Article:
Efficient implementation of hierarchical resource control for multi-agent systems
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Development of the World Wide Web makes it possible for multiple computers to work together in order to solve problems and make the most efficient use of resources. A distributed system is composed of such computers which are separately located and connected with each other through a network. One paradigm for computation using distributed systems is the multi-agent systems, in which many autonomous agents interact with each other to solve problems. The agents in a multi-agent system may be distributed on different computers (or nodes), where each computer owns its resources. Although the resources in a multi-agent system are connected by a network through which mobile agents can migrate for accessing sufficient resources, how to share these independently owned resources in both an effective and an efficient way is not fully understood. A key challenge in multi-agent systems is how to account for and control the resources which are located on individual nodes. The CyberOrgs model offers one approach to manage resources among competitive or collaborative agents by organizing computations and resources in a hierarchy. A cyberorg encapsulates agents and resources in a boundary and distributes the resources available to it within this boundary. A cyberorg contained in another cyberorg has a contract with the outer cyberorg, according to which it receives resources that it may use. A cyberorg also encapsulates an amount of the eCash, which is the currency for purchasing resources from its host cyberorg. Therefore, cyberorgs have a hierarchical structure in which resources are delivered to computations by a process where resources flow down from the root to the leaves of the hierarchy and the eCash flows up from the leaves toward the root. However, the hierarchical structure of the CyberOrgs model presents challenges in scalability. As a result, efficiency is an important concern in the implementation of CyberOrgs. In this thesis, an efficient implementation of the CyberOrgs model is described. System design, APIs of the implementation, example applications, experimental results, and future directions are presented.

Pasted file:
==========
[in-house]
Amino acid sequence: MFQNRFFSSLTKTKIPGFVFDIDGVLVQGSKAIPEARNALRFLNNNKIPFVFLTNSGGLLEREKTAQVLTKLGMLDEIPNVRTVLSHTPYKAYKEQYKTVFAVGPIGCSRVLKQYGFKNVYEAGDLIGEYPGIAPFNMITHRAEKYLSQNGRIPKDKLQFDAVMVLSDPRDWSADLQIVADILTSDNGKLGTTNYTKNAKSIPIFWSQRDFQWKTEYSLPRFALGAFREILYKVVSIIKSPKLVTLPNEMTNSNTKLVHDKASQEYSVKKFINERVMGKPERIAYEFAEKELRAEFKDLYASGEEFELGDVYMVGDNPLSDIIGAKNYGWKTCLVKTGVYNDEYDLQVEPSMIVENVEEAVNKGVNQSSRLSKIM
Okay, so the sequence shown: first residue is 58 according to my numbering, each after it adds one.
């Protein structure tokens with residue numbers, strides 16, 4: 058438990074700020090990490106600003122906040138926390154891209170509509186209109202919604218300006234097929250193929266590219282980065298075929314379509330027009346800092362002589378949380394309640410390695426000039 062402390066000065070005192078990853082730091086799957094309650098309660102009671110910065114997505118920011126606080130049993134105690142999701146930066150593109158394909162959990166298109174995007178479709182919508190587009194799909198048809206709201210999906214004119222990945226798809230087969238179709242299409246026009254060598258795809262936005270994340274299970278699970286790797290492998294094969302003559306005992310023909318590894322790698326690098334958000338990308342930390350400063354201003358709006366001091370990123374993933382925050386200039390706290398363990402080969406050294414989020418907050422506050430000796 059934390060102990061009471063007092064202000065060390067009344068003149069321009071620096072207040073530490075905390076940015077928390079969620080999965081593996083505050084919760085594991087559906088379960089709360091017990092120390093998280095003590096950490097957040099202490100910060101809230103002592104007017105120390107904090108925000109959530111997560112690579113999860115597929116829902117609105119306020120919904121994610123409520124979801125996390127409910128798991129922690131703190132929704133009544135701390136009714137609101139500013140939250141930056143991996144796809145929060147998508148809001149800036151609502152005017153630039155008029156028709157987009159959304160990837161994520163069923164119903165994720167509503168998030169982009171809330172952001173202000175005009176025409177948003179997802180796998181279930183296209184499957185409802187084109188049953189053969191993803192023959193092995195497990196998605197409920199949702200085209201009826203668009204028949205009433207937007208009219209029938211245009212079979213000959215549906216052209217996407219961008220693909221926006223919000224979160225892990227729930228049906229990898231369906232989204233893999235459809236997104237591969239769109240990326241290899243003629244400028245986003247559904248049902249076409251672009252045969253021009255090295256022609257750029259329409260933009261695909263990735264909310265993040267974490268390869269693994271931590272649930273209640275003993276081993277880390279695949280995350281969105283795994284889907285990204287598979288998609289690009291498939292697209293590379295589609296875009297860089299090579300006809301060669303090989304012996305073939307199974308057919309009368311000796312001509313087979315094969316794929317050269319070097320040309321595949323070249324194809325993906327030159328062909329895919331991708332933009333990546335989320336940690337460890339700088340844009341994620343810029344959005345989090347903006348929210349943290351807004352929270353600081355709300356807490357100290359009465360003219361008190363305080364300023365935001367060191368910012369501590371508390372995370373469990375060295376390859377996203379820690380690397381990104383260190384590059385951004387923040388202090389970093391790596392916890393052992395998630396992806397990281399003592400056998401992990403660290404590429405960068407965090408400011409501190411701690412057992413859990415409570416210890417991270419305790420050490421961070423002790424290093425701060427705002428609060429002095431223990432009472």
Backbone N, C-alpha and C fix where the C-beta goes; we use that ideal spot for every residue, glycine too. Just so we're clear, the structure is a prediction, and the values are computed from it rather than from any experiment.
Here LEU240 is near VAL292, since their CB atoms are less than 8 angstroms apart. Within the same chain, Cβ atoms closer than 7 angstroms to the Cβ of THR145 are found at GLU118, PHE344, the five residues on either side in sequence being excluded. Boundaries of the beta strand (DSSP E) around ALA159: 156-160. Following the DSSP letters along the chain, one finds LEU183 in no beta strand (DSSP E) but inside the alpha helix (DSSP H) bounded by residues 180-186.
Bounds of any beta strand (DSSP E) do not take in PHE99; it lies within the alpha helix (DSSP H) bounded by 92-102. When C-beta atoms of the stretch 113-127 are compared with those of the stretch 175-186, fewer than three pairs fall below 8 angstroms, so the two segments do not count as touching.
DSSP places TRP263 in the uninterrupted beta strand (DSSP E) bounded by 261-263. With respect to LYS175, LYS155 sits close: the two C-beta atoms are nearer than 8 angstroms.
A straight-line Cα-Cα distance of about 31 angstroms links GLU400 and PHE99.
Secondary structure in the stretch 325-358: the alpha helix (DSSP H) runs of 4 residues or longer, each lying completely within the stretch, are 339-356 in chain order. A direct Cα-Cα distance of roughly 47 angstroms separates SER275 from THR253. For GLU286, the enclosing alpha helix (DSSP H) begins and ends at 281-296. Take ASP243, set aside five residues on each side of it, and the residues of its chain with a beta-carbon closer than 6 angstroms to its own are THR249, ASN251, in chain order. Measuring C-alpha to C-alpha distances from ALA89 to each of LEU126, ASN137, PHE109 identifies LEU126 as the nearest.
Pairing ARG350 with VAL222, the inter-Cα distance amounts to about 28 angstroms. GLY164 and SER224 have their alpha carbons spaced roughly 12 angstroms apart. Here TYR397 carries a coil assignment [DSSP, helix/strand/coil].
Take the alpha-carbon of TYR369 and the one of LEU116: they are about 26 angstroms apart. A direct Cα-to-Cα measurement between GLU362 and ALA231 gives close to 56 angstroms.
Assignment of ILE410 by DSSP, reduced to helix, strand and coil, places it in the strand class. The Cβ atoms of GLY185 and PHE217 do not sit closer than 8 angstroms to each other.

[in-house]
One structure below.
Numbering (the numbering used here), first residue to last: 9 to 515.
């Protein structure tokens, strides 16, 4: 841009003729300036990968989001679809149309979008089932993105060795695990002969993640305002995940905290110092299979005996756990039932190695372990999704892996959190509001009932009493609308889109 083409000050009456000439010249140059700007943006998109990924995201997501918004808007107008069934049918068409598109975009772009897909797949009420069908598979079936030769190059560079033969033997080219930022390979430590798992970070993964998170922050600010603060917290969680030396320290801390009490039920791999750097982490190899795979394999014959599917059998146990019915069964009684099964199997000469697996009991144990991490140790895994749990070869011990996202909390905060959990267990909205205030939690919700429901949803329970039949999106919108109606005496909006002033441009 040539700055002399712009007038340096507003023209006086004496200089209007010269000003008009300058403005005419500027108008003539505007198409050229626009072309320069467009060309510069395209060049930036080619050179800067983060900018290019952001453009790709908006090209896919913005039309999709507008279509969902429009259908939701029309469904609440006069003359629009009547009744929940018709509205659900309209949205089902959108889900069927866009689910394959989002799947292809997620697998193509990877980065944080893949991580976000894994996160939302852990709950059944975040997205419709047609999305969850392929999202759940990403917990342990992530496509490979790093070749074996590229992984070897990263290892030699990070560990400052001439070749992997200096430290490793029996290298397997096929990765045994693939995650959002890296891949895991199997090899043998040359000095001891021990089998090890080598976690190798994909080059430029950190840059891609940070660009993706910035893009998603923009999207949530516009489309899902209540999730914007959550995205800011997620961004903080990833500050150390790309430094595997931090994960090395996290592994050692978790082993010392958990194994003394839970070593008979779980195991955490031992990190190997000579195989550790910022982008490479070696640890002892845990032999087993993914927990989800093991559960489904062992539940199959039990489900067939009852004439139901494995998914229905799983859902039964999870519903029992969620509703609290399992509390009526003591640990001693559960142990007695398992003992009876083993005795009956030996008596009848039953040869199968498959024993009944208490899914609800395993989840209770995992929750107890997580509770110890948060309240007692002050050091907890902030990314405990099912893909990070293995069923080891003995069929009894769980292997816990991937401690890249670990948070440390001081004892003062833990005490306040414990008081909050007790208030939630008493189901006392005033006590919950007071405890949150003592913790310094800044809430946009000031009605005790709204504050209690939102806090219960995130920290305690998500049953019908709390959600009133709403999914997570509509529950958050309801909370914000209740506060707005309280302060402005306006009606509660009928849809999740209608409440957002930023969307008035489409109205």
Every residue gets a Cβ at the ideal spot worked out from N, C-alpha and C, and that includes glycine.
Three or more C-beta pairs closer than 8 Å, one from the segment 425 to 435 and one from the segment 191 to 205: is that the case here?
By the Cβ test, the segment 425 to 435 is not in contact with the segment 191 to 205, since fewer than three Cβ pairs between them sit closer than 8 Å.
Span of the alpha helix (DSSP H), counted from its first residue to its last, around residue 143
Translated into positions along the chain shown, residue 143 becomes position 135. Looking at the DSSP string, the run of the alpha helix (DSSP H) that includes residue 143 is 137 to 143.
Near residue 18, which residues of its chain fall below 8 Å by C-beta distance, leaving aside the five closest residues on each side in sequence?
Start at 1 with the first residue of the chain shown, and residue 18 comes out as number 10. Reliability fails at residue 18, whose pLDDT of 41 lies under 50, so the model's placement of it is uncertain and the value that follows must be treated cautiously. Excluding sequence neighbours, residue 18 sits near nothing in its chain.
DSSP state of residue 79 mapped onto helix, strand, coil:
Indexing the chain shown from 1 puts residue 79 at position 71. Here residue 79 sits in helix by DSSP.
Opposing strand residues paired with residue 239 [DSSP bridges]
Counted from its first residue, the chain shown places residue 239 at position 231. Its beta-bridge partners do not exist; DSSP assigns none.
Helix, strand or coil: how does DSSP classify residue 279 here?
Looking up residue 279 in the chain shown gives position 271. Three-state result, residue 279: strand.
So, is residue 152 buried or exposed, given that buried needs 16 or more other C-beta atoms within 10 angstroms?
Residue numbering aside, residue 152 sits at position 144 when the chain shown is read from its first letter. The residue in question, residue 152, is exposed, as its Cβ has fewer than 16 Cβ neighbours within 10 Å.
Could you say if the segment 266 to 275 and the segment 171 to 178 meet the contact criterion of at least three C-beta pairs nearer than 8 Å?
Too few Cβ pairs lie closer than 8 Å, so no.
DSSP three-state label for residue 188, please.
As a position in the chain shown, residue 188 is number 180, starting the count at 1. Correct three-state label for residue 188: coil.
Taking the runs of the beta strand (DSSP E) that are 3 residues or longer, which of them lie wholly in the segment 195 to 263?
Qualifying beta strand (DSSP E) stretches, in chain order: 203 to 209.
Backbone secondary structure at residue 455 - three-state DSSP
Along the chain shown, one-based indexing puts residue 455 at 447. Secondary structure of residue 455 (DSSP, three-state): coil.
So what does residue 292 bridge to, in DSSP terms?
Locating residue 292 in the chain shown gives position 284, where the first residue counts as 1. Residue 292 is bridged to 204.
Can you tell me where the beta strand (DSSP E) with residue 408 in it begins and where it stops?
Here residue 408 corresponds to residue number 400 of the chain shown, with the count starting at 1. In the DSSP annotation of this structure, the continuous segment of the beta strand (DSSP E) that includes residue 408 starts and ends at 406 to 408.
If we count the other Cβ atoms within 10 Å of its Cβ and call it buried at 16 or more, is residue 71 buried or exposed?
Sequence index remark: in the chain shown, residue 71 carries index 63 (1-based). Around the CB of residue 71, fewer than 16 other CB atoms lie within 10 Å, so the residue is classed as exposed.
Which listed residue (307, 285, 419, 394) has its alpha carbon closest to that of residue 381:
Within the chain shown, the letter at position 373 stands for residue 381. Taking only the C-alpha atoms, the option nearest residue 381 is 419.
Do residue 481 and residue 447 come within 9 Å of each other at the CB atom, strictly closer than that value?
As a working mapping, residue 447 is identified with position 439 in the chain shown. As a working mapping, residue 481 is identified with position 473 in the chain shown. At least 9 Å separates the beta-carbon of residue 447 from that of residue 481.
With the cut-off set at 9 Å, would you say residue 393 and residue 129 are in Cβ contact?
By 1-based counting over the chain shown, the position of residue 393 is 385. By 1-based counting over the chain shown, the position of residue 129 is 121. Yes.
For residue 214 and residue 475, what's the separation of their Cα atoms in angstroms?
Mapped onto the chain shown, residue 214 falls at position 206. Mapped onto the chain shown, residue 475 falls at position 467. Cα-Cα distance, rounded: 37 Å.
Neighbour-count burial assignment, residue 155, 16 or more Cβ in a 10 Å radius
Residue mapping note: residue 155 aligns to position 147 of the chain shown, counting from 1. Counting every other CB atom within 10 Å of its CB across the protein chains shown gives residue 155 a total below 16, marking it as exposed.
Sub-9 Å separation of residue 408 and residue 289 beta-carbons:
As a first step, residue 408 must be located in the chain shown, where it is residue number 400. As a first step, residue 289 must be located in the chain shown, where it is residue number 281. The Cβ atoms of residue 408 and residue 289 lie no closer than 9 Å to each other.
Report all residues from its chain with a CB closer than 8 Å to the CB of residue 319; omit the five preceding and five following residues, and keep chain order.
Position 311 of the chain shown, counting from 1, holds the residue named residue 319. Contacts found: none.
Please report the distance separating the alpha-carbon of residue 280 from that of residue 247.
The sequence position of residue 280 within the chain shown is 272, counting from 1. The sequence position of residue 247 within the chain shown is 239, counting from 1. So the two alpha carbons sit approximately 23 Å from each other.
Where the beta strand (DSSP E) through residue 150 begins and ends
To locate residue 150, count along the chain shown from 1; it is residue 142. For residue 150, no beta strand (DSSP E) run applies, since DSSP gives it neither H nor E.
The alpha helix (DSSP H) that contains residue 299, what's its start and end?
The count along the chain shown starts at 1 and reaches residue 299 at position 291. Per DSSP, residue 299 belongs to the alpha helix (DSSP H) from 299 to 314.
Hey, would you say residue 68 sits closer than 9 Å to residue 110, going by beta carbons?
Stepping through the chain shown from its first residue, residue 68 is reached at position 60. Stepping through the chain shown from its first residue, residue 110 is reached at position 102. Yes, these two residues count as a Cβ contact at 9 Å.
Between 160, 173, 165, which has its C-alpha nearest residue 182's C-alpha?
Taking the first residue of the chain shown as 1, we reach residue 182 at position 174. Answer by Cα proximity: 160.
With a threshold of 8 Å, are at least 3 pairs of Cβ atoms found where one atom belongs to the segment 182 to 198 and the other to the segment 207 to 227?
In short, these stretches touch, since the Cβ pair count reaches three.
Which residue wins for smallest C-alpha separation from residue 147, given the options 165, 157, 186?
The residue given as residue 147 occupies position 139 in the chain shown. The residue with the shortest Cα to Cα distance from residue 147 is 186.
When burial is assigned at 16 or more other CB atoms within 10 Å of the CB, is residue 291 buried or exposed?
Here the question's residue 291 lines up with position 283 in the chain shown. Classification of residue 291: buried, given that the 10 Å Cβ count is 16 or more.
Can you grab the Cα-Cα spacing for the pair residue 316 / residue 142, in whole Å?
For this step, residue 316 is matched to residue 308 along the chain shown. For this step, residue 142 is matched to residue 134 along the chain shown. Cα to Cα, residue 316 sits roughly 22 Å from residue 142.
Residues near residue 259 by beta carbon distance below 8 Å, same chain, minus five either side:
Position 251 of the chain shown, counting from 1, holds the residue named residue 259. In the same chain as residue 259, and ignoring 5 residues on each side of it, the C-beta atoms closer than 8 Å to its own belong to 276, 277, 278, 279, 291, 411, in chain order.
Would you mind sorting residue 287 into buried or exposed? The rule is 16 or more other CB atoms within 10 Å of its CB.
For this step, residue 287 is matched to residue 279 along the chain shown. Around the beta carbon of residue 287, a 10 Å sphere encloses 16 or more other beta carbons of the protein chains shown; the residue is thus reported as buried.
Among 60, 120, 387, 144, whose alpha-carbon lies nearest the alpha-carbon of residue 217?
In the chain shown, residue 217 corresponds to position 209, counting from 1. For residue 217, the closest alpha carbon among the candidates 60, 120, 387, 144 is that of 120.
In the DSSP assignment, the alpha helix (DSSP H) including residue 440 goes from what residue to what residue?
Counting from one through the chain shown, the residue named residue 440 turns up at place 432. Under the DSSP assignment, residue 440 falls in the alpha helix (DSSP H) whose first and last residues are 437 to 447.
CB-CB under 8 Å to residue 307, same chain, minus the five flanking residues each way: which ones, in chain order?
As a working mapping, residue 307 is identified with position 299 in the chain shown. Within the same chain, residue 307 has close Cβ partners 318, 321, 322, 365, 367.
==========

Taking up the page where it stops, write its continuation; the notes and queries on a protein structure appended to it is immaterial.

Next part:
DegreeMaster of Science (M.Sc.)
CommitteeSchneider, Kevin; Bradley, Michael P.; Spiteri, Raymond J.
Copyright DateOctober 2005